The staff are really cooperative in engineering, and they helped me a lot through the procedure to adapt . . . The professors here are so cooperative.
What is an interesting cultural difference between Canada and Syria?
[Laughter] It’s not between Canada and Syria, it’s between Canada and the world: sorry. [More laughter] Using ‘sorry’ so much. I read about it before I came to Canada and I discovered it here. I think it’s true. I remember this is one incident after I arrived: I was just walking here on campus and, unintentionally, I dropped something on the ground. So there is someone coming opposite of me and he gives me the things and says to me “sorry.” So I said to myself, “Who has to be sorry about that? Me or him?”
Have you been following the news about the travel ban in the United States?
Yeah. I’m really upset. I was following the news yesterday the whole day. Just seeing the response of the media firms, everybody, politicians, leaders of the world. I am really upset about that. I am one of those who is banned [from going] to the United States. Imagine if I wanted to apply for a job at Intel or Facebook or Google in the future. I am banned from going to the United States.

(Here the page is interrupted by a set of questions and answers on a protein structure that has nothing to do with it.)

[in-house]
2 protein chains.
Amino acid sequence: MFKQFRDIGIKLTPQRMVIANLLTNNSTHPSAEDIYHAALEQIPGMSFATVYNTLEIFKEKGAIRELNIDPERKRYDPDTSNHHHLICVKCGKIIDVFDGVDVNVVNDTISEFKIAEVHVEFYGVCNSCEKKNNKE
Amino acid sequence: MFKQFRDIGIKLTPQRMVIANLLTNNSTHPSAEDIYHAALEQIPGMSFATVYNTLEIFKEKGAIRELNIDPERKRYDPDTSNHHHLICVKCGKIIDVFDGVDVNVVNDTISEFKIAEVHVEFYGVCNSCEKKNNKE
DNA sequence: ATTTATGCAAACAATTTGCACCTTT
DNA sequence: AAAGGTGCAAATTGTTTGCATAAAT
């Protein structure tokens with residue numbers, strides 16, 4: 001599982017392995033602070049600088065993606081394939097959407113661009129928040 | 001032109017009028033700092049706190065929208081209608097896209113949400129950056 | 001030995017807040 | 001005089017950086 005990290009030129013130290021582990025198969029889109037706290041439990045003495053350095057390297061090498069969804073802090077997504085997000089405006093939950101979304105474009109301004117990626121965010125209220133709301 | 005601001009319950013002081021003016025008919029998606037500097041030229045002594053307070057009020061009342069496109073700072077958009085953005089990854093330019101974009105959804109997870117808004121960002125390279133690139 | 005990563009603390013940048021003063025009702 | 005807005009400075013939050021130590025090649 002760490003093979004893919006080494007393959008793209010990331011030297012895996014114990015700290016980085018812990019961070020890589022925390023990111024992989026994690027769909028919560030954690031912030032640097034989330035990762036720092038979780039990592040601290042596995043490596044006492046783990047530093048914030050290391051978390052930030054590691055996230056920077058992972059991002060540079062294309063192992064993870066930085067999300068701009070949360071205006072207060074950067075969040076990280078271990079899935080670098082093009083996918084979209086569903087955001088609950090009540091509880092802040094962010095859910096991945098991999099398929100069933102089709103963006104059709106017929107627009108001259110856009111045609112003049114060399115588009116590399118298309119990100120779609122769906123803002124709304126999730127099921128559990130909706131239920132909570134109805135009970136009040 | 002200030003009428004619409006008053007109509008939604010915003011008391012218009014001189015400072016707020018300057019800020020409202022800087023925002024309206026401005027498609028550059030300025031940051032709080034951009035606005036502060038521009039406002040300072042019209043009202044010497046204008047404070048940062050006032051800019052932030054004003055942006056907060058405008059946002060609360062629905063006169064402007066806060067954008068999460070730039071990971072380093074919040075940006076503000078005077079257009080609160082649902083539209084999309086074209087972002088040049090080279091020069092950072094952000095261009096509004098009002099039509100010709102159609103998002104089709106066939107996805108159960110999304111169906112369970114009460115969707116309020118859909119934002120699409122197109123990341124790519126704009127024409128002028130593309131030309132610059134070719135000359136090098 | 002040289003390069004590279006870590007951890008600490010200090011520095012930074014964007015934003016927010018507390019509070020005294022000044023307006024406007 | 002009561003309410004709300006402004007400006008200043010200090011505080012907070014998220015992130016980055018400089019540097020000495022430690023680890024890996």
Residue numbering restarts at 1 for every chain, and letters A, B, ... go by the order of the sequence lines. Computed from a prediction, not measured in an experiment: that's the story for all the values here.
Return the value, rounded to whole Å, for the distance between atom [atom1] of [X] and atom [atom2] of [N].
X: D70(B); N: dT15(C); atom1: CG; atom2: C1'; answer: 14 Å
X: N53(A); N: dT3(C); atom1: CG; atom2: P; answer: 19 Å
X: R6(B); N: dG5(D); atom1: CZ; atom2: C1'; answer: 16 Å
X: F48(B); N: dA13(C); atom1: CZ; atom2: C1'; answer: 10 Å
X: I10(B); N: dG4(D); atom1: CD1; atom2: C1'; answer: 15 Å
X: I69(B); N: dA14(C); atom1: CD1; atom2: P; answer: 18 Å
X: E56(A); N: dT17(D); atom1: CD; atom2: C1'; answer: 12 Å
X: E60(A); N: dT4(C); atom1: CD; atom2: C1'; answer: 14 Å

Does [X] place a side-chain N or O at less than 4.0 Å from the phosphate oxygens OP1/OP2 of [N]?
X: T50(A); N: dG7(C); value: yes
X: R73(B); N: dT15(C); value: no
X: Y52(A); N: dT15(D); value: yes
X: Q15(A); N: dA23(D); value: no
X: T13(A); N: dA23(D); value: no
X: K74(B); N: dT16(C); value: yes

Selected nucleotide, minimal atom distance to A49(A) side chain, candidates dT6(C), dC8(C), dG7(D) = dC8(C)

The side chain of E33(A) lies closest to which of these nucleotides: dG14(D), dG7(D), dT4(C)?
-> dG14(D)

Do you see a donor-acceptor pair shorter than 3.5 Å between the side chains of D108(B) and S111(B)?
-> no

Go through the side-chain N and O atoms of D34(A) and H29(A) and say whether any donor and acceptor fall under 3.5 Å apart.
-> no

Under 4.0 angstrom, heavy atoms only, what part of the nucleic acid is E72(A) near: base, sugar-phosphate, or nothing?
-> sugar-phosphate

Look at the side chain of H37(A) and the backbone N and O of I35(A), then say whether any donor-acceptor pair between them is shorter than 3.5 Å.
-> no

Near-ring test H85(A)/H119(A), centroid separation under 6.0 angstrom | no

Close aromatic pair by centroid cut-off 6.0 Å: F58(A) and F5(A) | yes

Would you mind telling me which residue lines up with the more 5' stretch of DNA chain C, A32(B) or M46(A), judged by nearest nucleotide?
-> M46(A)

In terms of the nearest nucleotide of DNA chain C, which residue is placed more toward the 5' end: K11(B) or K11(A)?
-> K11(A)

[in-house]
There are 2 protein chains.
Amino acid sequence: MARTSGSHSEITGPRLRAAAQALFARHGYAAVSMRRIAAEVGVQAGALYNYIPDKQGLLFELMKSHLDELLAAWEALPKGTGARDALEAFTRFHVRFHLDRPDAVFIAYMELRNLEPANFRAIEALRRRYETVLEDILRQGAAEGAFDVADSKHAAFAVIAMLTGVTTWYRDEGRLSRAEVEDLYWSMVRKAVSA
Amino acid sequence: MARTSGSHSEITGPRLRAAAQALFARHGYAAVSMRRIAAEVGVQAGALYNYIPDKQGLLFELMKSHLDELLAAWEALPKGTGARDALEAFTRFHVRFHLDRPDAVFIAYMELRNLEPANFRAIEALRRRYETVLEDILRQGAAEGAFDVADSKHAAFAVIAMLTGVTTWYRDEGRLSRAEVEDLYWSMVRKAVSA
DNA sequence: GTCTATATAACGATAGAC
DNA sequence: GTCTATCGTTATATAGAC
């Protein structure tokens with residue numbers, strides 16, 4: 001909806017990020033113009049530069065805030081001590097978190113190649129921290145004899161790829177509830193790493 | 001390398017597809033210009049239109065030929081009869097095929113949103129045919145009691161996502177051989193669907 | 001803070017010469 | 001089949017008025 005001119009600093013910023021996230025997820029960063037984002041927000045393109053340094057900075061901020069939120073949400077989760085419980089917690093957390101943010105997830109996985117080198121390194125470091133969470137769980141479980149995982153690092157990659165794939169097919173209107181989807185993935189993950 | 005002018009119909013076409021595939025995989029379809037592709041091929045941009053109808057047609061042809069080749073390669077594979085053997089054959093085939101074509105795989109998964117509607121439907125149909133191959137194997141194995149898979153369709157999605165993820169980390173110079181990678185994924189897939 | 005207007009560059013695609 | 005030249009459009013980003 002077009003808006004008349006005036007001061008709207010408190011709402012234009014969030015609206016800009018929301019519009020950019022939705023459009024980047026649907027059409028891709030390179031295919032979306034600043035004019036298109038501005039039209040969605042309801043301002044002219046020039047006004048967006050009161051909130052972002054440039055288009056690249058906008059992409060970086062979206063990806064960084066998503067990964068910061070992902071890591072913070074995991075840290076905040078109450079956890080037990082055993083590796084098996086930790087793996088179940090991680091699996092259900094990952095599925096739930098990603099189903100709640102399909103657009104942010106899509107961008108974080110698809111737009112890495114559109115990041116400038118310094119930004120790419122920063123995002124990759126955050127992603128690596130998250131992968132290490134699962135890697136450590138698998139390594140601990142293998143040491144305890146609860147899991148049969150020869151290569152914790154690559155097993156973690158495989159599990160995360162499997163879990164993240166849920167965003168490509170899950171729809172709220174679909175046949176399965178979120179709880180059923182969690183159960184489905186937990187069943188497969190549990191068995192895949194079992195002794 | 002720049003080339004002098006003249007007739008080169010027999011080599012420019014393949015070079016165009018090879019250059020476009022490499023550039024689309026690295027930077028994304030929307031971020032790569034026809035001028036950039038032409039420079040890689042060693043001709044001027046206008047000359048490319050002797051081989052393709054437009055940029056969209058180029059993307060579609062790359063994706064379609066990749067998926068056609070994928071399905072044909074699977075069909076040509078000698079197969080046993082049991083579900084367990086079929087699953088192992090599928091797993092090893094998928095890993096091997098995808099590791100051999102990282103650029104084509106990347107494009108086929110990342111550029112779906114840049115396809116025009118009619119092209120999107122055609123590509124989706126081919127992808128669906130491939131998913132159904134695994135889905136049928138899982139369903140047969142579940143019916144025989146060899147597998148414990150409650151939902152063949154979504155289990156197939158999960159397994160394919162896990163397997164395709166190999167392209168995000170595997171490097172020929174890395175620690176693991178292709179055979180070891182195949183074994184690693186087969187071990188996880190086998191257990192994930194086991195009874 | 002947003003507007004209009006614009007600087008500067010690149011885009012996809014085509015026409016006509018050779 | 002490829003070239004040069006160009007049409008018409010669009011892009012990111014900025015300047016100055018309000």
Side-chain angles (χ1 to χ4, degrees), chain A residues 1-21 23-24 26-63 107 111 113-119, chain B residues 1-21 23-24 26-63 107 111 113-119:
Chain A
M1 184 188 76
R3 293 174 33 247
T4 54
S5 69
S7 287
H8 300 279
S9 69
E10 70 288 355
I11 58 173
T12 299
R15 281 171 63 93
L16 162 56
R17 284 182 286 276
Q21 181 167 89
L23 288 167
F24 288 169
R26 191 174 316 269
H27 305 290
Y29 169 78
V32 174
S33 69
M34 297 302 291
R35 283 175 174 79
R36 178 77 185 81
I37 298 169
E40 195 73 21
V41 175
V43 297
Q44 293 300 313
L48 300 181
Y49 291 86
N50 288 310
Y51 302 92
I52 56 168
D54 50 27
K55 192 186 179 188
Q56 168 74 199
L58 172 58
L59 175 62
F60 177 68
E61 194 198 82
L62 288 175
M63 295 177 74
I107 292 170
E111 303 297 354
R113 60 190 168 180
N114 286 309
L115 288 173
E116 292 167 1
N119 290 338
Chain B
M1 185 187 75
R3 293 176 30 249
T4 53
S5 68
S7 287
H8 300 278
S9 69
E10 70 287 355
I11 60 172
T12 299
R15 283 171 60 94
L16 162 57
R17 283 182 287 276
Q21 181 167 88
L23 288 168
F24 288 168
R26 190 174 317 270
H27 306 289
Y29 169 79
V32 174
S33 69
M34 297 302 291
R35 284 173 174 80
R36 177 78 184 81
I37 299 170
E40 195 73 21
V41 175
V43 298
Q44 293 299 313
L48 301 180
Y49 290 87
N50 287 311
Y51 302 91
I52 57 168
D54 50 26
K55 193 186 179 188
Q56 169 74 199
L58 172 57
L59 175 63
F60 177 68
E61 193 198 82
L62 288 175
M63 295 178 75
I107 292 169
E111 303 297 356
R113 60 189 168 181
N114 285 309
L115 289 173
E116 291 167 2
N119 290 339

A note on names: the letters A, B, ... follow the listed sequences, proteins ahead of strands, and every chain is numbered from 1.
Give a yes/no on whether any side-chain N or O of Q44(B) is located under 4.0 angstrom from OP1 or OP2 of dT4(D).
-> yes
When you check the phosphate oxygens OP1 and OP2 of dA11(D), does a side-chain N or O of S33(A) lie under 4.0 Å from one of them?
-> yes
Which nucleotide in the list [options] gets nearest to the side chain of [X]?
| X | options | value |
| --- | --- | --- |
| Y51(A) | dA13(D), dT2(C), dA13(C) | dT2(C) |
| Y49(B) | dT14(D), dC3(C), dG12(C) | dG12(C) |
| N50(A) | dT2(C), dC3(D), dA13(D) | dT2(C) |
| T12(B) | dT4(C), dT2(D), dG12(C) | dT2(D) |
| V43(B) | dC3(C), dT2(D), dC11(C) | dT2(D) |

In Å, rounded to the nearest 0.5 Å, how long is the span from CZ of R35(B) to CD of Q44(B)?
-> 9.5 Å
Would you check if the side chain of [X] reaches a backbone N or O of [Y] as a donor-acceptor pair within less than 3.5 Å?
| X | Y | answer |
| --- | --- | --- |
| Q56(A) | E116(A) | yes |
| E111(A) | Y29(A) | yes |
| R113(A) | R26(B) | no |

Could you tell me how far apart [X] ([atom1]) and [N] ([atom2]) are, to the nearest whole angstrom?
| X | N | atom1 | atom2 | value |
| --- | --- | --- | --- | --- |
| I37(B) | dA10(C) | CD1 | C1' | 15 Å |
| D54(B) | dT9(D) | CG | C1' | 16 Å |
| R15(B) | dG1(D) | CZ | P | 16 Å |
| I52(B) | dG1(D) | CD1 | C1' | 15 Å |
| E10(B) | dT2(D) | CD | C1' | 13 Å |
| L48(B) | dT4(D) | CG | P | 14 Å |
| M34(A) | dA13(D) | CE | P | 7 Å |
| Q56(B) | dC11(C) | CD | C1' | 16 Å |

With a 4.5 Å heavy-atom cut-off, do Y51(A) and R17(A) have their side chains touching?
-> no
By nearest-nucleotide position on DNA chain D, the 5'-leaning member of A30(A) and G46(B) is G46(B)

I have some friends in Chicago, in Seattle — I would like to go over there, and I have a plan to go over there, but I’ve had to cancel it with my friends . . . even though we have Canadian passports . . . This is, for me, why I am upset in general, but I am upset with the whole situation.
I can’t imagine that I live in this time, to see this in the United States, in what they call “the land of freedom, the land of justice.” I can’t imagine how the American people voted for someone who violates every single verse of the Constitution. How he can ban [those with] dual citizenship from being on their country, from coming to their country?
Imagine the separation that will occur for the families! For everything! If someone has work in the United States and he wanted to return, now he can’t so he will lose his job. So many lives will be upside down. That will be really horrible.
If you were to either address Trump personally, or Canadian conservatives, what would you say to them?
I want to say to conservative Canadian people that what you see now in the United States, these are not Canadian values. There is one Conservative leader, I forget her name, she asked for screening of Canadian values. [Editor’s note: Max is referring to Canadian Conservative Party leadership candidate Kellie Leitch.] What are Canadian values? For me, the Canadian values are universal values: human rights, justice, equality, anti-discrimination about ethnicity and gender. These are the universal values. And these universal values are Canadian values, American values, Syrian values. They should be the values of every single person in this world.
So I would want to tell them that you see now in America what is happening, and these are not Canadian values. And please don’t bring these kinds of things here to Canada . . . I think no human is illegal. Every human is legal.